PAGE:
How did you find yourself writing a book? What’s the story behind your career? I have been a historian of the old west since I was an early teen. I have always loved gritty, authentic portrayals of the genre on screen, and I actively shoot the weapons of the period as well. Decked out in period costume, of course! It has been my dream to have one of my books, made into a movie.
What makes your subject interesting? It explores the true nature of the times back then. There was never one side or the other. The era was dangerous, difficult, and people did what they had to do to survive. It was a fine line, indeed!
What makes you an interesting author? I believe that we all are experiencing multiple lives at this moment. My studies of quantum physics tells me, that if you are aware of these other aspects of “you” that your higher self is experiencing, then we can bring those experiences to the surface in this reality. I think this is what “imagination” actually is. Writers especially, are simply tapping into their other lives that they are having now.
How many times have you wished you’d started writing earlier? The number is too high to count!
Who are your favourite authors? John Grisham. Elmore Leonard.
How much time do you spend writing? It varies. I try to write 2 to 5 pages per day.
What are you reading right now? “A Painted House” by John Grisham.
What’s the biggest hurdle to getting words on the page and how do you overcome it? I have never had a problem in this regard. I always know what happens at the start of the book, and an idea where it is going to go in the middle, and most importantly, exactly how it is going to end. Most times, I even have the last sentence in my head before I begin to write the first one! This technique avoids writers block for me. I have since discovered that this is exactly what Grisham says to do as well.
How do you feel about ebooks vs. print? I am a firm believer that tangible products will always prevail over electronics. I understand however, that the market is huge right now for ebooks.
If you could work with any author who would it be? John Grisham, of course! His simplistic idea of just telling a story is unbeatable.
Night owl or early bird? Both works for me.
Other creative outlets? I have been a professional finger style guitar player for almost 40 years now. An instrumentalist in all styles of music.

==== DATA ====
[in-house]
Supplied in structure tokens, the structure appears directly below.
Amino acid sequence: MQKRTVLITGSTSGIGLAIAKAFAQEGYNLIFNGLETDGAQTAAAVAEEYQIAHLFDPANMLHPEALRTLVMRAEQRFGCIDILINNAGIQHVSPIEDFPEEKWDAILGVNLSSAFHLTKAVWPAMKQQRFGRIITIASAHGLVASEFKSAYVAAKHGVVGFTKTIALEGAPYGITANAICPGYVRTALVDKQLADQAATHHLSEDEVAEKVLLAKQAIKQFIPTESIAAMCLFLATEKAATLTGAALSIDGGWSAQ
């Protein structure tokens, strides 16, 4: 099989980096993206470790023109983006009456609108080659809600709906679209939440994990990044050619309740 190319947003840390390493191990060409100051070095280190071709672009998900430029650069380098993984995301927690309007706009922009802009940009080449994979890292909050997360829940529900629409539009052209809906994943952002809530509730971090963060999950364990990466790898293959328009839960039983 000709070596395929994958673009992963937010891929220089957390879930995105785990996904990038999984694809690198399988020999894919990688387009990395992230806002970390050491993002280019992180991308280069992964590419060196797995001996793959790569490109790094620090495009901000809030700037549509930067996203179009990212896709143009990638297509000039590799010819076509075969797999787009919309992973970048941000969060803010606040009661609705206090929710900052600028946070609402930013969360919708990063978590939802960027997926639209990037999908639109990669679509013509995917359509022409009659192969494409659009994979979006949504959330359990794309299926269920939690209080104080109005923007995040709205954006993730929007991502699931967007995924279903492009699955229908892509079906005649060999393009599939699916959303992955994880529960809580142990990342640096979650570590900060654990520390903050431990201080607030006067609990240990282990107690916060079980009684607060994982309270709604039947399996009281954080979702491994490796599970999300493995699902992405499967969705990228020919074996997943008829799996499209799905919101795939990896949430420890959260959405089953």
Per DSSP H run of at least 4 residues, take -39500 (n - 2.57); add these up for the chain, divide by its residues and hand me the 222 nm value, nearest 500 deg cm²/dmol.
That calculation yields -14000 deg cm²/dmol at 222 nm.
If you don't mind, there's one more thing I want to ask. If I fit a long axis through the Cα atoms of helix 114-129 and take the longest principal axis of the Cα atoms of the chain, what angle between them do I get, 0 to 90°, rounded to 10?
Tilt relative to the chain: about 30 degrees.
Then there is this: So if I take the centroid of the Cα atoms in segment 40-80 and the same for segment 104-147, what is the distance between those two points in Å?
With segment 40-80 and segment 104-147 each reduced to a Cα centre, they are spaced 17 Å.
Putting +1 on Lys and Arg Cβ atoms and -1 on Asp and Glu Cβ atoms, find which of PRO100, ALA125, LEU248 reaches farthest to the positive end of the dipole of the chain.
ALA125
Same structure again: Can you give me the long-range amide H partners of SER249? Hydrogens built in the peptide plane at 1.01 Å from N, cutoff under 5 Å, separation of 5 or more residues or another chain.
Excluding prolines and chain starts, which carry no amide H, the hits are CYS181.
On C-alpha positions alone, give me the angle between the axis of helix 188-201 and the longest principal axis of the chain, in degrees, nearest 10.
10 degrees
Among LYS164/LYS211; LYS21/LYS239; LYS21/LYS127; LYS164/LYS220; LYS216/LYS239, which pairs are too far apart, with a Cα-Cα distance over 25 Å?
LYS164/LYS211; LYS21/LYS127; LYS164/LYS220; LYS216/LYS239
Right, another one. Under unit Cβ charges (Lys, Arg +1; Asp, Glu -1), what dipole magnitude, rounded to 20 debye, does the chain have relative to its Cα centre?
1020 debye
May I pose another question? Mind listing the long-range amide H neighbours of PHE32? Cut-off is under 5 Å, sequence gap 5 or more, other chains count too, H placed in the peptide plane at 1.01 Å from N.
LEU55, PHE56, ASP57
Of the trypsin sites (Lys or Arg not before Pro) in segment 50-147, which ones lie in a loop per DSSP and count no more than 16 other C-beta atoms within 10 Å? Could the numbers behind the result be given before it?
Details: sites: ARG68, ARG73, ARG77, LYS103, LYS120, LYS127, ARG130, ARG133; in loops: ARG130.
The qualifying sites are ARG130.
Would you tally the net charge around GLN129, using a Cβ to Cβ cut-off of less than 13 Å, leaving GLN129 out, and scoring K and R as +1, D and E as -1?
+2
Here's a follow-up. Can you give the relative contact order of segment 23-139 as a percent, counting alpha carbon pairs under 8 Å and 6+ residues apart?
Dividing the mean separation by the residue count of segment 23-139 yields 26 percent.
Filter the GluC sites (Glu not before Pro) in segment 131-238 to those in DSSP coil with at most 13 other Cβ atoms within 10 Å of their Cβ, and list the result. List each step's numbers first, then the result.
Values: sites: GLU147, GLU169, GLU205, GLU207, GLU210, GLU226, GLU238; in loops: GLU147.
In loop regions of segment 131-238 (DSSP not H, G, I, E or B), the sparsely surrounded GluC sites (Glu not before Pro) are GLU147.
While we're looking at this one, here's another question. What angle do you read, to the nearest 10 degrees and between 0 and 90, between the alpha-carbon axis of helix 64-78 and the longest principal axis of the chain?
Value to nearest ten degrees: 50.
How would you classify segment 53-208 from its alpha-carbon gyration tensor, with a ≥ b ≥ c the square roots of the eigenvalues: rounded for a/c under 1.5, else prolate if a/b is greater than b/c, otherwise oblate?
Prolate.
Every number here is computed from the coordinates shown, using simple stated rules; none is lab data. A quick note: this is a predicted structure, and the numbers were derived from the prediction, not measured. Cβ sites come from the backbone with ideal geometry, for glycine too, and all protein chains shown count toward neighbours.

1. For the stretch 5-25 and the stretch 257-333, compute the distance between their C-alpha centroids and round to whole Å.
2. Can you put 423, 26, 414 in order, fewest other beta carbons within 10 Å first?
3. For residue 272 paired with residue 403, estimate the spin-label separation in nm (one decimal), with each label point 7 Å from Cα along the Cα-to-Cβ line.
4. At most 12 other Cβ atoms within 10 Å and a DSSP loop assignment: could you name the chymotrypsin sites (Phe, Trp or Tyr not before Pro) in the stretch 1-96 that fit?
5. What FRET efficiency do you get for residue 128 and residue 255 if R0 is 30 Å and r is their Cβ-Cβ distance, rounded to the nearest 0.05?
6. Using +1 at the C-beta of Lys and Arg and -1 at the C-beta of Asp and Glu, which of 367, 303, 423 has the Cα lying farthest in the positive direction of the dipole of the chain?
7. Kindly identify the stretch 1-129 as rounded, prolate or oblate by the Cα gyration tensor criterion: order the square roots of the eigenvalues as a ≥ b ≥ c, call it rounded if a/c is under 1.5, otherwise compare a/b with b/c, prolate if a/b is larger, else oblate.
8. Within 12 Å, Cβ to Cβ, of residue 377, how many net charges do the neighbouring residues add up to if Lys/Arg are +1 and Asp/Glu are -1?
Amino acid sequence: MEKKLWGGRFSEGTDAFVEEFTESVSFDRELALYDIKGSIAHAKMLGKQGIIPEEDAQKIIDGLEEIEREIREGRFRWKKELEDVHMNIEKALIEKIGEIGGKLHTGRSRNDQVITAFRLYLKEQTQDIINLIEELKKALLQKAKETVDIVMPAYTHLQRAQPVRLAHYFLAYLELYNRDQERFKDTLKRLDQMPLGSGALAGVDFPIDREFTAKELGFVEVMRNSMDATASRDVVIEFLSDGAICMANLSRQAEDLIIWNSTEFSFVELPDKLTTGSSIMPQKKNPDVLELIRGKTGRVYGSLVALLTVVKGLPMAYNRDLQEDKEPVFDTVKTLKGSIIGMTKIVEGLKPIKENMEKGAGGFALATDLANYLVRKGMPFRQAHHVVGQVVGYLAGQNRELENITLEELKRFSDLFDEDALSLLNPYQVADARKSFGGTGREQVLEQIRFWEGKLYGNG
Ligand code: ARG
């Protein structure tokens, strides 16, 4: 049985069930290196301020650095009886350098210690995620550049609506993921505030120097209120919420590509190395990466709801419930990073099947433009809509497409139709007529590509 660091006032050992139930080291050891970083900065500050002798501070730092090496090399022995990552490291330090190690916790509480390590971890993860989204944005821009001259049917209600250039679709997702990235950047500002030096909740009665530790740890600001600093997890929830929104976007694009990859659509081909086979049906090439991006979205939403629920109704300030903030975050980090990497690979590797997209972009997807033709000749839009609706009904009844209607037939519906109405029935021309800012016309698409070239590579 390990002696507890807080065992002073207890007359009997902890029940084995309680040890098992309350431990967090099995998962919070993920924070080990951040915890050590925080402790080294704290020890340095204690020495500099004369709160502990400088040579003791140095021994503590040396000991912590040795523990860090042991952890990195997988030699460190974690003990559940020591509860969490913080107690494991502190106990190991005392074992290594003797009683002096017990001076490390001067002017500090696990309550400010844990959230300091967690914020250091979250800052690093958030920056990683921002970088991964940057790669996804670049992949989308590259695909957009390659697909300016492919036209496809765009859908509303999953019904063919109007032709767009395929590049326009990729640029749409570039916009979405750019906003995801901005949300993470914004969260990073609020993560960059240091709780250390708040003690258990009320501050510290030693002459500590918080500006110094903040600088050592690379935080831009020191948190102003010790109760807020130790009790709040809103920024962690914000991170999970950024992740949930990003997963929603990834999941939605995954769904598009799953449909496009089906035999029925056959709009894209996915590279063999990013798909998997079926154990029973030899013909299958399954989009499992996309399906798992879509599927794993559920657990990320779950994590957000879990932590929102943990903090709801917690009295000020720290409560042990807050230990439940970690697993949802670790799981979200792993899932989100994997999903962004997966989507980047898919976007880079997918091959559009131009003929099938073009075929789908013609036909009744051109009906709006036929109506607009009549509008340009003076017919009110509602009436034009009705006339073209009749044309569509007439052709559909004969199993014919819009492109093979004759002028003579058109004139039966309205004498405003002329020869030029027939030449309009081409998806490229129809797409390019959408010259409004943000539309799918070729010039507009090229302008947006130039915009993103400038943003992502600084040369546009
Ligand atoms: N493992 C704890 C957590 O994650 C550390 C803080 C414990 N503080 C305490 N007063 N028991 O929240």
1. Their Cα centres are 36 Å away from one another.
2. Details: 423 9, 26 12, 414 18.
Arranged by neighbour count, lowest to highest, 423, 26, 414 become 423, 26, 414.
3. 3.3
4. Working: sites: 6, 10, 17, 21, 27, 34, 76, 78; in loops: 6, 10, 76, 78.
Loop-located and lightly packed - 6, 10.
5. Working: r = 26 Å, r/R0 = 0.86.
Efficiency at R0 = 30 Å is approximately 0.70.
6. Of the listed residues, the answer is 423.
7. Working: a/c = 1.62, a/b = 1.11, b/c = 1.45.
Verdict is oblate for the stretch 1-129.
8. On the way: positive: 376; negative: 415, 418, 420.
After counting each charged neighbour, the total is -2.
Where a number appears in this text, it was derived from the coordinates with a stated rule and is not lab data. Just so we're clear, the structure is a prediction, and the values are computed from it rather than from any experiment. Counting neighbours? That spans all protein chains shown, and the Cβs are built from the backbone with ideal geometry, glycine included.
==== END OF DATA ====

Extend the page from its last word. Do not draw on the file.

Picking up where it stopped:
Favourite books from childhood? History books on the old west. Lawmen and gunfighters, as well as books on the guns of the times.
Three favourite movies? Appaloosa with Ed Harris. Lonesome Dove with Robert Duvall. Under the Tuscan Sun with Diane Lane.
Favourite type of hero? The flawed Antihero.
Where did your love of books/storytelling/reading/writing/etc. come from? I have always loved acting too, and it probably comes from there.
What cultural value do you see in writing/reading/storytelling/etc.? It is fast becoming a lost art. Storytelling stirs up each individual’s own imagination. They see it as their own reality or separate universe, which I believe it truly is, in each case!
What are some of the references that you used while researching this book? My endless research over the years of the period stemming from gun books and magazines, to western articles about countless individuals, and events of the time. And online research for the terrain of the country where the characters travelled and historical pictures of specific towns.
What do you think most characterizes your writing? My dedication to realism.
What was the hardest part of writing this book? Letting some of the characters pass on.
What did you enjoy most about writing this book? Getting “lost” in the era, and feeling as though I’m actually there.
What inspires you? The countryside that I live in is pretty rugged. The Rocky mountains of Southern Alberta, are magnificent, and they “exude” the west!
What makes your book stand out from the crowd? I would have to say the gritty realism. My studies of language of the era in which I write about as well, makes the book have the “feel” of the time, and not so much like every other western out there. Plus the fact that I use the guns and gear of those times. I understand the limitations of the equipment, which again, helps to keep it real.
What are your plans for future projects? I have finished my second novel, which is a historical fiction set in 1976. It is somewhat of a “contemporary western” I guess you could say. I am currently working on my third book now, which is set in Utah in 1866, and it is certainly going to be another gritty western, with a somewhat controversial topic. I do love to be edgy!